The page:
The former was that after Lincoln's assassination, Mary Todd Lincoln gave Frederick Douglass the President's favorite walking cane, a gift treasured by Douglass and still on display in his home in Washington.  A gift from the daughter of a slave-holding family who had several brothers and half-brothers fighting for the Confederacy.

The disturbing item was stumbling across a document called African American Voices Lessons Plans with a specific lesson plan entitled Spinning Frederick Douglass and Abraham Lincoln intended for 11th and 12th graders in the Miami-Dade Country School District in Florida. Admittedly, I may be missing some context (the lesson plan is, for instance, undated) since I could not find the larger file from which this came as most were password-protected but here's what the lesson plan does:

  • Its focus is on identifying inconsistent political messages from Lincoln and Douglass in which students play the role of "spin doctors" [the lesson plan uses this terminology] to reinterpret "historic statements they made for the purpose of maintaining their good public image".

  • The lesson plan asks the teacher to explain to students the role of public relations experts and "how in American politics public relations experts are cynically regarding as 'spin doctors'".
  •  The lesson plan goes on to link to "other documents concerning Douglass' public statements about President Lincoln and President Lincoln's ever changing views on slavery and race relations".  One link takes you to Douglass' 1876 eulogy in which he refers to Lincoln as "preeminently the white man's President" but not to his 1865 and 1893 eulogies in which he calls him "the black man's President".  
  •  A second link takes you to the website of the Lew Rockwell Institute, an extreme libertarian organization which has a compendium of hostile and embarrassing quotes with no context or sense of chronology about, and made by, Lincoln on many subjects including race and slavery.

  • The lesson plan concludes with two pages of quotes from the Rockwell Institute, all of which are Lincoln remarks hostile to slave emancipation and against equality.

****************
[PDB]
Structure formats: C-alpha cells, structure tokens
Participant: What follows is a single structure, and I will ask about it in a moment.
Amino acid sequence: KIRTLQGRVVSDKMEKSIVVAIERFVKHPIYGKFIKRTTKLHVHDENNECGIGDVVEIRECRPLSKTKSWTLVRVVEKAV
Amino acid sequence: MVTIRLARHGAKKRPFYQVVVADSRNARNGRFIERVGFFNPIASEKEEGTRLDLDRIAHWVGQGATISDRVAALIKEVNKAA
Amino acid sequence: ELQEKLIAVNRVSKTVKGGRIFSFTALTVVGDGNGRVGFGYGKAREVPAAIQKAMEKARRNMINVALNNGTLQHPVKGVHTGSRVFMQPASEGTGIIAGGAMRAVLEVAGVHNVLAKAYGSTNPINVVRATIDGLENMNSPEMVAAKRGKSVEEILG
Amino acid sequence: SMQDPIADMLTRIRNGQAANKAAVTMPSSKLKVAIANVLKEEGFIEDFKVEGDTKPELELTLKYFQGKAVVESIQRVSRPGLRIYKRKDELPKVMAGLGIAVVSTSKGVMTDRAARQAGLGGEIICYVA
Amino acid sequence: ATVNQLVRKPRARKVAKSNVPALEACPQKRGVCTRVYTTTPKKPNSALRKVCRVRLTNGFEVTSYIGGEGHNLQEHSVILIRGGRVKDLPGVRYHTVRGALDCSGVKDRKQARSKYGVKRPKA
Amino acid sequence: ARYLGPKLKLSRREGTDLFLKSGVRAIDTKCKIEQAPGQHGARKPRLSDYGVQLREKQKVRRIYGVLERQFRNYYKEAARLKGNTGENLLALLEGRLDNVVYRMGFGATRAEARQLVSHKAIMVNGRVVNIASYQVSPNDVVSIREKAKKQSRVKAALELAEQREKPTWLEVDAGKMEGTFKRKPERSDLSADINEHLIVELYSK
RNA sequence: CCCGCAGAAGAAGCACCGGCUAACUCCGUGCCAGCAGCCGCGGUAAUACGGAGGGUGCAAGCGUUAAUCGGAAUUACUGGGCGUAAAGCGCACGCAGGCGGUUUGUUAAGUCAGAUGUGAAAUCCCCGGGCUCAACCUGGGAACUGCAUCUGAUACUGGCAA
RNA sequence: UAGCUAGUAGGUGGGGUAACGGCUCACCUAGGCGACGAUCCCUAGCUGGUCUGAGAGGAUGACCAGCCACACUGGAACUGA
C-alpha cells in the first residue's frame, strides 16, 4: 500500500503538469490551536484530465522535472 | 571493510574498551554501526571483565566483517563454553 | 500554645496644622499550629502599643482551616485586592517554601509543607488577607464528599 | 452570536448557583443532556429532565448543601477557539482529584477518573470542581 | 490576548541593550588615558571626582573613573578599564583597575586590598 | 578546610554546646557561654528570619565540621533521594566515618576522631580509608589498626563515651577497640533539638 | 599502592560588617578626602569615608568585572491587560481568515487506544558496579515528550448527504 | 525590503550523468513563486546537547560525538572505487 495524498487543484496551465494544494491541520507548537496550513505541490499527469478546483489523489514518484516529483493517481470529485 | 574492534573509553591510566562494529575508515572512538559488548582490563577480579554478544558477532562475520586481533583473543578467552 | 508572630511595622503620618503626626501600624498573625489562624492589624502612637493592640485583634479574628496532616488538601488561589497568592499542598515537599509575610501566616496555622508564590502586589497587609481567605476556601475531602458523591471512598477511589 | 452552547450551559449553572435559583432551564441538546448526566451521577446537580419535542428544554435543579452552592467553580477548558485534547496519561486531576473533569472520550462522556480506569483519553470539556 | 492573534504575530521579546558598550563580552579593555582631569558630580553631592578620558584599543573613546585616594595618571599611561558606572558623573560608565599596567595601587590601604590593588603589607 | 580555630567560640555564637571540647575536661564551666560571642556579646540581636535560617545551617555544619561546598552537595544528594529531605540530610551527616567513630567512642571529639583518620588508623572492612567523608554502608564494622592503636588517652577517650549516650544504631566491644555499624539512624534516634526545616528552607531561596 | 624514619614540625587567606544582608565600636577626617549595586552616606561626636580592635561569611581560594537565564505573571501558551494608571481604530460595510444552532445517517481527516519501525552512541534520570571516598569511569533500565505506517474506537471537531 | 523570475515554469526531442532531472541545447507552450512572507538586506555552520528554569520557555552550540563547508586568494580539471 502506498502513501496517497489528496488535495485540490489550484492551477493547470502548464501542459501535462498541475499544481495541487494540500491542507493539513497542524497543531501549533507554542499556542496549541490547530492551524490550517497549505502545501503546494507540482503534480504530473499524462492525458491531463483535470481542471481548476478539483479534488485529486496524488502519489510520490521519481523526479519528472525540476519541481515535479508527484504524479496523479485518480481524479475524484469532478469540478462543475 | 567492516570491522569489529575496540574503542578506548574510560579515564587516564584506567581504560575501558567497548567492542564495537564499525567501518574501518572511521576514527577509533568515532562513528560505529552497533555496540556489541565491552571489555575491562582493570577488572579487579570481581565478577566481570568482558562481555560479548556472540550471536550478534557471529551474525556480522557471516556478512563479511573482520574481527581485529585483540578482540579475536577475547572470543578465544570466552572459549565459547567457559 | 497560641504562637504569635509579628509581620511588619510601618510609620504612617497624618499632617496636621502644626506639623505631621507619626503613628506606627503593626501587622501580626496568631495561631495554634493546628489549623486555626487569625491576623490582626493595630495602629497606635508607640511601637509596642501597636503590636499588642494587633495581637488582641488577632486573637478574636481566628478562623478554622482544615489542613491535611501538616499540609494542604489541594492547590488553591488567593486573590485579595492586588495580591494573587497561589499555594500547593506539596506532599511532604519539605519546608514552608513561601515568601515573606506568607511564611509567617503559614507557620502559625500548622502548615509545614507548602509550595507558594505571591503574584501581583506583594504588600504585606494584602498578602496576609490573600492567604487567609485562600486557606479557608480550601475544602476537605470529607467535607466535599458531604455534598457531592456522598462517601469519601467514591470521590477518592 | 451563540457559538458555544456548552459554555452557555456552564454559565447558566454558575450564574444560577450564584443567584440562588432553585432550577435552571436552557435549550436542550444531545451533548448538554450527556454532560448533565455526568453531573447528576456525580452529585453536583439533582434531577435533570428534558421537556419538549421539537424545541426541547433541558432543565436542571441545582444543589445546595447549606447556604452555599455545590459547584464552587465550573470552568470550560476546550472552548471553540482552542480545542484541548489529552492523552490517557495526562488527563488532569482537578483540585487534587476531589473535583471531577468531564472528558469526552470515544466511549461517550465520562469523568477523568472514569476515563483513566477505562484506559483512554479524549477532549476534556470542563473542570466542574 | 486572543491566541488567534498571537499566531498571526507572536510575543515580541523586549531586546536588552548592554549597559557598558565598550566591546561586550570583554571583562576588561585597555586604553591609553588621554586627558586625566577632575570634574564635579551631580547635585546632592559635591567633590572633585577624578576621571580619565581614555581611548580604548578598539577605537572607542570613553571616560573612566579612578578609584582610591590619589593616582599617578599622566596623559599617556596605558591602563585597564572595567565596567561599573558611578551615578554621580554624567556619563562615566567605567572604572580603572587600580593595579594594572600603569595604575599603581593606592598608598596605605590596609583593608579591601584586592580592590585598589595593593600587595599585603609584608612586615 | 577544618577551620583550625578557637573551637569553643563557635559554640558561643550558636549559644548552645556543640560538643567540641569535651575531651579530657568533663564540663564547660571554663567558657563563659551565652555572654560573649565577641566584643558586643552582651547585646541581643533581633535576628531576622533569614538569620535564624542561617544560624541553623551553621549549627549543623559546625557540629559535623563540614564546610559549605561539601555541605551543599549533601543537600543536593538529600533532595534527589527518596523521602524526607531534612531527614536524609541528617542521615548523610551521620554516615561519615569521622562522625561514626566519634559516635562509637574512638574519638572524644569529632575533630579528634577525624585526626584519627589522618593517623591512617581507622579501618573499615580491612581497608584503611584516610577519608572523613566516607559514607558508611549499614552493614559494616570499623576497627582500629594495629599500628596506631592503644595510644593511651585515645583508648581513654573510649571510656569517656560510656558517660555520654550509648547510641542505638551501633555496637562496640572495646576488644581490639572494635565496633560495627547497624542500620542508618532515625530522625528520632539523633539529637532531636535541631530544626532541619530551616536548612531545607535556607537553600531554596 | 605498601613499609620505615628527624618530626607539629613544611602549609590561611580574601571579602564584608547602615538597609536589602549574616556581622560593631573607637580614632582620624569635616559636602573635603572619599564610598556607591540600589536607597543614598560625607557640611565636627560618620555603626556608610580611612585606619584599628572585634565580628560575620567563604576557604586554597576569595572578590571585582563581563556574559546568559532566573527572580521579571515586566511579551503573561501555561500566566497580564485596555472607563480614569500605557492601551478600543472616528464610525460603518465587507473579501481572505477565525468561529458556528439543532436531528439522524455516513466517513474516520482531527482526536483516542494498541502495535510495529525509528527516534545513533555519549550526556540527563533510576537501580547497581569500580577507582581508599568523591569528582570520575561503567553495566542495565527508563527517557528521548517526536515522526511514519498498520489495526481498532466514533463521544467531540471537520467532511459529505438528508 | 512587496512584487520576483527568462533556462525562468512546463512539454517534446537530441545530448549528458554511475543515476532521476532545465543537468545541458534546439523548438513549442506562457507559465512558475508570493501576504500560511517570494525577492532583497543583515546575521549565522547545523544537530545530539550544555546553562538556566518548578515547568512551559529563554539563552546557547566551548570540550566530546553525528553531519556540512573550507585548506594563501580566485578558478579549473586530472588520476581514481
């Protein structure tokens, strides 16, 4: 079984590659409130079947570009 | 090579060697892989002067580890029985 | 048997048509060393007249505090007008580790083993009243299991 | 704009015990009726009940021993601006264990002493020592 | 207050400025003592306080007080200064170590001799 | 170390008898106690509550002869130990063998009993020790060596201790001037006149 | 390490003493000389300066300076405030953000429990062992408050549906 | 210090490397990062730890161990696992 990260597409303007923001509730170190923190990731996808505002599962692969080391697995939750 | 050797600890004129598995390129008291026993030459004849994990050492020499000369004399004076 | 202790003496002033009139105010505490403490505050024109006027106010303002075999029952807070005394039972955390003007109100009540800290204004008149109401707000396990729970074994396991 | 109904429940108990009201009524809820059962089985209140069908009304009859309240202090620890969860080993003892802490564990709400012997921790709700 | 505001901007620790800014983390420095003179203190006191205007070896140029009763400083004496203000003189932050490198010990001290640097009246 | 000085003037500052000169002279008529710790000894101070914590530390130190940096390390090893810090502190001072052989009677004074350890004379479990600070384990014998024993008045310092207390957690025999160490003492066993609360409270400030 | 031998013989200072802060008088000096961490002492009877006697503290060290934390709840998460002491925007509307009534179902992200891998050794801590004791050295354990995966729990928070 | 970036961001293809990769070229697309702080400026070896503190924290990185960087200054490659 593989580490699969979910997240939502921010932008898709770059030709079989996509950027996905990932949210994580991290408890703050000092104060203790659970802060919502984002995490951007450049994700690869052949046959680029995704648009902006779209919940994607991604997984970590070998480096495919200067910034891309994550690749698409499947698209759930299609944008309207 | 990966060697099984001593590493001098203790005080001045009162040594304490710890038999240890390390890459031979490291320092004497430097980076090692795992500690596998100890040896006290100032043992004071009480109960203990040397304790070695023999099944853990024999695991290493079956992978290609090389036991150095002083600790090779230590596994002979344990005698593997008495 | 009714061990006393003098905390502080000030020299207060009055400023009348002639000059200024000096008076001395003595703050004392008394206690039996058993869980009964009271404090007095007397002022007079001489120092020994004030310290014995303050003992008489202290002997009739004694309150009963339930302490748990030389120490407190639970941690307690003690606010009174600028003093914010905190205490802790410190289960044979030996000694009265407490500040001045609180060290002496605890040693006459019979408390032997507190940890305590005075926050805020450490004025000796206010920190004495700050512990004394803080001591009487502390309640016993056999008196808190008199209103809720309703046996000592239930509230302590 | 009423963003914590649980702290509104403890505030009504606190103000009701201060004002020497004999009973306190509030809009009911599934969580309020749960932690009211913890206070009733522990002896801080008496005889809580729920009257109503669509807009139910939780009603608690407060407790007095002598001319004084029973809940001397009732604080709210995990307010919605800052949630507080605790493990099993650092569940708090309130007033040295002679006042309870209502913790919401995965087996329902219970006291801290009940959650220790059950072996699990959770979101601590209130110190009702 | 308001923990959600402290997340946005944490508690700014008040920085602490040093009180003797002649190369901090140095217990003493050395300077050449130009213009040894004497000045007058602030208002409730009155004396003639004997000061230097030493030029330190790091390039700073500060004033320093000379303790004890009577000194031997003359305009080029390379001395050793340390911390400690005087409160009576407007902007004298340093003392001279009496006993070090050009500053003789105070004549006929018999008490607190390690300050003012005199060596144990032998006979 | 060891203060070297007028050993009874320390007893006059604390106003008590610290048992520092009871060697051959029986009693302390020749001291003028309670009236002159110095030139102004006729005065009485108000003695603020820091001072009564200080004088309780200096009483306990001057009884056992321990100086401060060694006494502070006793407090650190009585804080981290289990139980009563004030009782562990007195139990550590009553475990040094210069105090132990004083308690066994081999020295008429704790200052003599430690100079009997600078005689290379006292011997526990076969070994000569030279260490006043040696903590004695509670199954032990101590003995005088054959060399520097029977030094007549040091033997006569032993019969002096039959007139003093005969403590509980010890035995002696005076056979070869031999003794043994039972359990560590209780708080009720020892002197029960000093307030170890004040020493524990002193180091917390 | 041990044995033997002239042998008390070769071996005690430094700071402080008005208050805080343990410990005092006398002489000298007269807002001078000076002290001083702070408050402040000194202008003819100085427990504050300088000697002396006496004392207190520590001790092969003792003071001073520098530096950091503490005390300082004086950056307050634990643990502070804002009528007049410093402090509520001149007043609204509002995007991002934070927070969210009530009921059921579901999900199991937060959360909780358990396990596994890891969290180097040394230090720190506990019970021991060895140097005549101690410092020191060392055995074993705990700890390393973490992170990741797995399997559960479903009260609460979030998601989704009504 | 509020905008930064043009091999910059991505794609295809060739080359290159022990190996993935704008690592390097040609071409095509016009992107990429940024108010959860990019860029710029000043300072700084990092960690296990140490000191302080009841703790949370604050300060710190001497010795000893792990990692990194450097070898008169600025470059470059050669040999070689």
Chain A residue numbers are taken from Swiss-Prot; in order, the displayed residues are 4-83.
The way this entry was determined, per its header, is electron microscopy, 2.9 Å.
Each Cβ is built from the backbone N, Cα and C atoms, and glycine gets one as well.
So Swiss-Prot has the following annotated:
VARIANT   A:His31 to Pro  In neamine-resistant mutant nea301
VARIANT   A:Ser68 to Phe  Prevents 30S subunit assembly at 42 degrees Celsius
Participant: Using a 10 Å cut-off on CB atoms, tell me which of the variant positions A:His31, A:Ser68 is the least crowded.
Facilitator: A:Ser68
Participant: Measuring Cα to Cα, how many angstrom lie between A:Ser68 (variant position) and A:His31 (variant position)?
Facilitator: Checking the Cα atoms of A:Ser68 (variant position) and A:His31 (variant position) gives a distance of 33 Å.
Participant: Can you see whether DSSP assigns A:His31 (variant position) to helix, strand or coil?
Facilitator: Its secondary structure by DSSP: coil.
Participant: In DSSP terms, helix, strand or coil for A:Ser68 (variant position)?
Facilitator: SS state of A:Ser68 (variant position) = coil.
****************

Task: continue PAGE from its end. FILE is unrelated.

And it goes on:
The net effect is to show a Lincoln who is unambiguously hostile to blacks and raising the question of whether Douglass was a hypocrite to deal with him.  It's indoctrination, not education.  Did Lincoln say different things at different times?  Yes.  Did he say some  things that were offensive to Douglass and that would be considered so today?  Yes.  But this lesson plan only shows one limited set of these views and provides no context of what was going on in the Civil War at the time or of Lincoln's arguments against slavery going back to the 1850.  A student would have no idea why Lincoln and Douglass acted the way they did at different times.

With the release of the movie Lincoln and some of the discussion around it I've become aware that there are several different strands of Lincoln hatred and negativity.  They come from across the political spectrum but what they have in common is their refusal to accept that slavery was the cause of the Civil War.  You have the Southern heritage crowd who view the Confederacy as a Noble Cause and insist slavery wasn't really that bad or, at least, no worse than the plight of Northern "wage slaves".  Then you have a subsection of libertarians who view Lincoln as a dictator and the father of big government who wanted the war.  There's a branch of progressives, including some historians and African-Americans, who see Lincoln as driven by capitalist ambitions and a desire to see Northern industrialists triumph over working people (they like to refer to him as a "railroad lawyer") and who didn't really care about race or slavery issues.

Sometimes it's hard to tell who is from which of these groups.  I had a recent online encounter with someone viciously hostile to Lincoln (they said they were "neutral" on whether his assassination was good or bad) who at first I thought came from the Southern heritage crowd before realizing he was on the extreme left (he thought Occupy Wall Street was too moderate) and viewed Lincoln as a representative of oligarchic capitalism - sort of a proto-dictator.  That's how you can end up with an African American history lesson plan linking to the Rockwell Institute.  It's the worldview of someone like Howard Zinn in A People's History Of The United States which was described by a liberal historian as "cynicism masquerading as history" and that's what the Miami-Dad lesson plan is designed to instill - cynicism.